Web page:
Mary Poppins Returns lets down hopefuls

Emily Blunt and Lin Manuel Miranda star in the sequel of the beloved 1964 classic, Mary Poppins. Mary Poppins Returns debuted in theaters on December 19.

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Emily Blunt and Lin Manuel Miranda star in the sequel of the beloved 1964 classic, Mary Poppins. Mary Poppins Returns debuted in theaters on December 19.

Isabella Klobukowski, Staff Writer

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If you’re looking for one too many spoonfuls of sugar, Mary Poppins Returns is for you. With an underwhelming soundtrack, dragging plot, and an overall copycat effect of its predecessor, this remake fell short.

Mary Poppins Returns follows the Banks family 25 years after the original 1964 film as they fight to save their house on Cherry Tree Lane.

The movie had a “shameless sense of imitation and the all but joyless drumbeat of duty,” according to The Washington Post critic Michael O’Sullivan. It was almost aggressively desperate to come across as happy. Some heartfelt scenes instead seem forced, others too garish. Mary Poppins Returns unsuccessfully borrows several elements from the first film. For one, Lin-Manuel Miranda’s Cockney accent as the lamplighter Jack is painfully fake. Jack’s character may be a lighthearted hat-tip to Dick van Dyke’s chimney sweep Bert, but the accent was an unnecessary attempt at replication. Moreover, the song “Trip a Little Fantastic,” sung by Jack and his fellow lamplighters, all but plagiarized “Step In Time,” in a bland way.

The other songs were no better. “It’s perhaps unsurprising that the songs by Marc Shaiman and Scott Wittman — who have done memorable work elsewhere — are the gravest disappointment,” said New York Times critic Manohla Dargis. The soundtrack might appear serviceable until you listen to the original again. Not even Lin-Manuel Miranda can save the drab melody of his first number, “Underneath the London Sky.” When compared to the songs by brothers Richard and Robert Sherman, the Mary Poppins Returns soundtrack goes through one ear and straight out the other. As it is, no vocals could save the flop of the film’s second-rate music.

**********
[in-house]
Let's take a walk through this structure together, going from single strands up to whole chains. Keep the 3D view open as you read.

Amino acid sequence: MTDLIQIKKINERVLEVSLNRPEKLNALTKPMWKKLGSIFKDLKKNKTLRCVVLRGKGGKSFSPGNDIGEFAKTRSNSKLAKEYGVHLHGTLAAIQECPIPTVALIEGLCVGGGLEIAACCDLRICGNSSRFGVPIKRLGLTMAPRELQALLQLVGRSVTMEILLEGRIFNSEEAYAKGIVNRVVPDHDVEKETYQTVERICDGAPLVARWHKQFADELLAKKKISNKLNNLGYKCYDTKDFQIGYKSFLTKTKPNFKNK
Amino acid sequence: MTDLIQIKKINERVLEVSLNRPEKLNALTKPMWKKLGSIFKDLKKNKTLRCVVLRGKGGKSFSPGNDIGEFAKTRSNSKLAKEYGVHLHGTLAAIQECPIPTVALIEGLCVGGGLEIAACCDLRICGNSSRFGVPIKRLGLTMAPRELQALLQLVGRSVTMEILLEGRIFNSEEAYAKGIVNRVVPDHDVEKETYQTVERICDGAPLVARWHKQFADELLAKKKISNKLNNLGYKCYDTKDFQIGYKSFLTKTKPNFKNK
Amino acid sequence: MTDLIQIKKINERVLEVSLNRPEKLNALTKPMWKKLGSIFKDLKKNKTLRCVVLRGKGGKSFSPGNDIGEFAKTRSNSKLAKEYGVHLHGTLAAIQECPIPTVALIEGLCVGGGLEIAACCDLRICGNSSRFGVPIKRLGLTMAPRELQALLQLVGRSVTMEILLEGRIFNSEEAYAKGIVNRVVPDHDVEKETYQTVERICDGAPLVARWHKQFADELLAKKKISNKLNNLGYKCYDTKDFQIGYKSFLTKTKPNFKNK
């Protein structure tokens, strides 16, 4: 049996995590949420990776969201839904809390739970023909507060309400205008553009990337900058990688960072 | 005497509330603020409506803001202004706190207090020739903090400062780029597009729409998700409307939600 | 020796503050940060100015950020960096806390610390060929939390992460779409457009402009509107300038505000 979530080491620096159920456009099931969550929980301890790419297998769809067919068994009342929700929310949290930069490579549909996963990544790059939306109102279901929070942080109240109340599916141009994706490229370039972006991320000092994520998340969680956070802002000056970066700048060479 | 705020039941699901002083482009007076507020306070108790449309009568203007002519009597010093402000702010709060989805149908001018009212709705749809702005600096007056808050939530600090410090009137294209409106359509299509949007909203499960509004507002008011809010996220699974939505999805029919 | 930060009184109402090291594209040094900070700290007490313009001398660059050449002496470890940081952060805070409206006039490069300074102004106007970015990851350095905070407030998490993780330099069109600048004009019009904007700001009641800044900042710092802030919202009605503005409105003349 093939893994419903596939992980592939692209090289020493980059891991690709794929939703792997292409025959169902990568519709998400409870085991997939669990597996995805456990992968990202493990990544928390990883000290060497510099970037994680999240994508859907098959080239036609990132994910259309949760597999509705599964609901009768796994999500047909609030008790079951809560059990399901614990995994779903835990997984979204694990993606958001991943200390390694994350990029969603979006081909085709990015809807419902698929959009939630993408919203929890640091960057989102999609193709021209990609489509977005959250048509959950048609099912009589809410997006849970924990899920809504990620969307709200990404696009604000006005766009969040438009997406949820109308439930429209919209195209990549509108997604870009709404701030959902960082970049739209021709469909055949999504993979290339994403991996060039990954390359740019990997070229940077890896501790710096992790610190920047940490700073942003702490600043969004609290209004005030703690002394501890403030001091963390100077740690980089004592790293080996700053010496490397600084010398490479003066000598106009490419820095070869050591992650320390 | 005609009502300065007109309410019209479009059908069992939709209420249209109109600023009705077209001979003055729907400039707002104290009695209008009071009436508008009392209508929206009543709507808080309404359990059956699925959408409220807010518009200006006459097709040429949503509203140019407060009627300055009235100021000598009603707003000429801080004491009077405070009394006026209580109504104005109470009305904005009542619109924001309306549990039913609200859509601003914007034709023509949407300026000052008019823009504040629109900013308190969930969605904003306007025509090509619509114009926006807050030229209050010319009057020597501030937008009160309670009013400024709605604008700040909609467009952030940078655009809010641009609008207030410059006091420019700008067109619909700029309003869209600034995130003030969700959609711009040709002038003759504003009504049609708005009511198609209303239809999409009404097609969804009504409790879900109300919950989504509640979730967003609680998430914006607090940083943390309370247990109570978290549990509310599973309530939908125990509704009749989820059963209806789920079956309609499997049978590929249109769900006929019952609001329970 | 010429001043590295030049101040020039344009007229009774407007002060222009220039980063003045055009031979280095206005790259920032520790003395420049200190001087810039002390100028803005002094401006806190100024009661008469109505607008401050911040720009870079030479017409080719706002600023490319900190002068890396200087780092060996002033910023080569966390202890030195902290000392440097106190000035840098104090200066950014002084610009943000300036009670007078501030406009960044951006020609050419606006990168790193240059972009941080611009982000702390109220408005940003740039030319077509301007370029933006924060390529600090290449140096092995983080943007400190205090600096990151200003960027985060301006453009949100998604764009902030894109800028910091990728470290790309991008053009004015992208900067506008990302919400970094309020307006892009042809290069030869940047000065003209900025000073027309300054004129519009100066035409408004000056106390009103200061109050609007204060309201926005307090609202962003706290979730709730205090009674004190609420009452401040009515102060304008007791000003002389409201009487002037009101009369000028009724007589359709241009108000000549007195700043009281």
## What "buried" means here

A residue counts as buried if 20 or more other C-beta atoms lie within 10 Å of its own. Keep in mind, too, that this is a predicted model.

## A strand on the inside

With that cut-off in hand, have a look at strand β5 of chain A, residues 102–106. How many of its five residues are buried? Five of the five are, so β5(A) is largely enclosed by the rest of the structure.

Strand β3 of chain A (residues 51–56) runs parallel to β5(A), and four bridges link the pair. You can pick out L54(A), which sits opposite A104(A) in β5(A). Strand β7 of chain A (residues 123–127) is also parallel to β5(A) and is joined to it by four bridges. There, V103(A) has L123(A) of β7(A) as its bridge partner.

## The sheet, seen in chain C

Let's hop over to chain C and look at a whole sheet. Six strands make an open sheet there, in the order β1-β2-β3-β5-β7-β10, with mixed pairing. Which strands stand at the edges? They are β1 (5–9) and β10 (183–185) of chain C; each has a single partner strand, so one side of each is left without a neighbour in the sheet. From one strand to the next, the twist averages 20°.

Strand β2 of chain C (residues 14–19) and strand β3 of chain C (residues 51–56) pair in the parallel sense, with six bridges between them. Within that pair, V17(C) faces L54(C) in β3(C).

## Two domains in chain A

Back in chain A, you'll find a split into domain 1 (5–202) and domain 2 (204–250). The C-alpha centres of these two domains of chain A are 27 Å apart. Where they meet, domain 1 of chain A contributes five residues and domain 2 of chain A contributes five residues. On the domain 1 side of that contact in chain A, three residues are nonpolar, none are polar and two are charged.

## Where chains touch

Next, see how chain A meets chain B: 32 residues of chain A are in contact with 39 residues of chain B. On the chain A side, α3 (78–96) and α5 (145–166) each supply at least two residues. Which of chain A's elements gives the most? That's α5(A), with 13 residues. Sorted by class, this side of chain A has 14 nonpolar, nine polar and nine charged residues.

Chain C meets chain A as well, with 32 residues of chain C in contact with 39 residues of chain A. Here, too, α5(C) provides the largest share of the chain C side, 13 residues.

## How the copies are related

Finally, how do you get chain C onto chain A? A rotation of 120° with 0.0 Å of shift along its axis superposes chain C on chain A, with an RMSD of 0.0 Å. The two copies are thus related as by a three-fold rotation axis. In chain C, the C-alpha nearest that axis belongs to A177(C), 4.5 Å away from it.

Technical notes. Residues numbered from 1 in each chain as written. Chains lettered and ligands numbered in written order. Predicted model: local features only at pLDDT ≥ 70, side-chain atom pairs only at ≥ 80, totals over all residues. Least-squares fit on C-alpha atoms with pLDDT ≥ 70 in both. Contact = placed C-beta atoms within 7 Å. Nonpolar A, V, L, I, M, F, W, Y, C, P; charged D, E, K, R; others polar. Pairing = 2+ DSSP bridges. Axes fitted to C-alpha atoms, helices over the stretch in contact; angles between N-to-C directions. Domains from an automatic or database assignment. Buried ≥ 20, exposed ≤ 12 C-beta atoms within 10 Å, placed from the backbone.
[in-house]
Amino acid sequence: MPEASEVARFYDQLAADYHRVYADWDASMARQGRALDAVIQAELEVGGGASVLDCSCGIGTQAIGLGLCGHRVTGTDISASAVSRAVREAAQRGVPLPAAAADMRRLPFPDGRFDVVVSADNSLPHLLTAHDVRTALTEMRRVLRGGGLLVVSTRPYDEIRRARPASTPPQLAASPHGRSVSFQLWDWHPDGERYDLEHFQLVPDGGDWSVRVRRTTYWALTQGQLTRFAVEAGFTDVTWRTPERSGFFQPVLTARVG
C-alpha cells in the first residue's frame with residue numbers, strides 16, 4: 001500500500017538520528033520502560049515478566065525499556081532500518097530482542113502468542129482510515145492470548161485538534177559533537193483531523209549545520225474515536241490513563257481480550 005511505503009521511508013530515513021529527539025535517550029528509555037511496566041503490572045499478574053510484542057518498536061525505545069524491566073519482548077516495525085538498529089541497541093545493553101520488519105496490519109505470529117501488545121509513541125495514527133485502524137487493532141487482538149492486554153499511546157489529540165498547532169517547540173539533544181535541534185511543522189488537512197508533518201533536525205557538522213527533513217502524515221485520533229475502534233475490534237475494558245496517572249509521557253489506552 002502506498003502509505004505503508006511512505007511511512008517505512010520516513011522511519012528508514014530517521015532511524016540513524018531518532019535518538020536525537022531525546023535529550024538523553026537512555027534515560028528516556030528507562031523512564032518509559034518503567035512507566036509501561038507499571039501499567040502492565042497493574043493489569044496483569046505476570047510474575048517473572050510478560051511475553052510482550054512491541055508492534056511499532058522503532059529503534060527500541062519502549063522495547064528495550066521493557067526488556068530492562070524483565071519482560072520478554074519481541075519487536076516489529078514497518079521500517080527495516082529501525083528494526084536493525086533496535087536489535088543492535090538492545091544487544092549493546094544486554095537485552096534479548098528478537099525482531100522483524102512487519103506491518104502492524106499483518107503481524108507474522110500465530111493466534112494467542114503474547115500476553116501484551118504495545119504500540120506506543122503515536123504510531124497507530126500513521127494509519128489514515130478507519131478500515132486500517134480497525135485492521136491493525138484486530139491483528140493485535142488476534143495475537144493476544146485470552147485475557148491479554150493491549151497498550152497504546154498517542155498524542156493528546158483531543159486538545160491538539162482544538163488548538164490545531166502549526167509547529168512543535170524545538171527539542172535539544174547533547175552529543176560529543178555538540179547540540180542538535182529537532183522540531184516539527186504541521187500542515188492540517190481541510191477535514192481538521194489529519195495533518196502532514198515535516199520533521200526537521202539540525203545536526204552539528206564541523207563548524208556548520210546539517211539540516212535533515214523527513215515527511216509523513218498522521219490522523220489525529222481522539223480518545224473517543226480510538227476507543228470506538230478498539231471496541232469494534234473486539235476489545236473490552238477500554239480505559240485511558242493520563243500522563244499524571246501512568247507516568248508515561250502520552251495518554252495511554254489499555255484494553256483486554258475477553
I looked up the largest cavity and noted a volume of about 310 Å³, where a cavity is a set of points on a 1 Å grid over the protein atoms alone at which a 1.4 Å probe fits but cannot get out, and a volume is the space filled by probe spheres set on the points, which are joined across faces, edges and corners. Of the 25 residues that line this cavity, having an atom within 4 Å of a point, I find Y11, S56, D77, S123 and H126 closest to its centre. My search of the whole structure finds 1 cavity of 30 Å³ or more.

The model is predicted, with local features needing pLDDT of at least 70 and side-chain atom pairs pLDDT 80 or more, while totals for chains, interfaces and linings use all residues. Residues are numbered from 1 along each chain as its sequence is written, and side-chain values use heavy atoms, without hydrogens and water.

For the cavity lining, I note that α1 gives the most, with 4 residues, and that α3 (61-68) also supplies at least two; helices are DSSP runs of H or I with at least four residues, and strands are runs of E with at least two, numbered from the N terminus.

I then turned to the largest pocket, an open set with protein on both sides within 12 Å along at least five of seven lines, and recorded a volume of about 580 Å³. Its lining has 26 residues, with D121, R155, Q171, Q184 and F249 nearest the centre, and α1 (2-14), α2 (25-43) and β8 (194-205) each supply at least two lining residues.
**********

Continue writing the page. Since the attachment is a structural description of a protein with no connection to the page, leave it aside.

On the bright side — or shall I say, supercalifragilistic side — audiences are sure to smile at Dick van Dyke’s brief cameo. At 92 years old, he appears as an elderly banker rather than a chimney sweep. Not only does he brighten things up, but he proves himself an able dancer.

The delightfully vintage setting is also one of the better parts of the film. The charming, old-timey throwback to the Cherry Tree Lane of the ‘60s was well-appreciated by nostalgic audiences.

On a more mediocre note, Mary Poppins does not truly return in this shoddy remake. It’s as if Emily Blunt stole Julie Andrews’ umbrella. Despite the fact that Blunt is certainly a versatile vocalist, and her lines are delivered with cheekiness, her attitude doesn’t quite match with that of Mary Poppins. Blunt seems to suppress her energy, saving it for secret smiles. During banter with other characters she dazzles, but in her role as “nanny” she is lacking.

When it comes to the overall performance, there is plenty of room for improvement. For example, in more emotional scenes, such as when John speaks about his dead wife, Disney appears unable to navigate loss and the rawness of the scene: While Ben Wishaw — who played John — portrayed his grief with dramatic intensity, the scene played out with a heaping sweetness and saccharine resolution that left a bad aftertaste. A better script would have entailed more bitterness than sweetness to imply more vulnerability, rather than the stereotypical gloss-over of serious topics that Disney tends toward.

In brief, Mary Poppins Returns was a disappointing remake of a classic film. A movie that was once practically perfect in every way, is now sharing its namesake with a sequel that leaves the audience unsatisfied.

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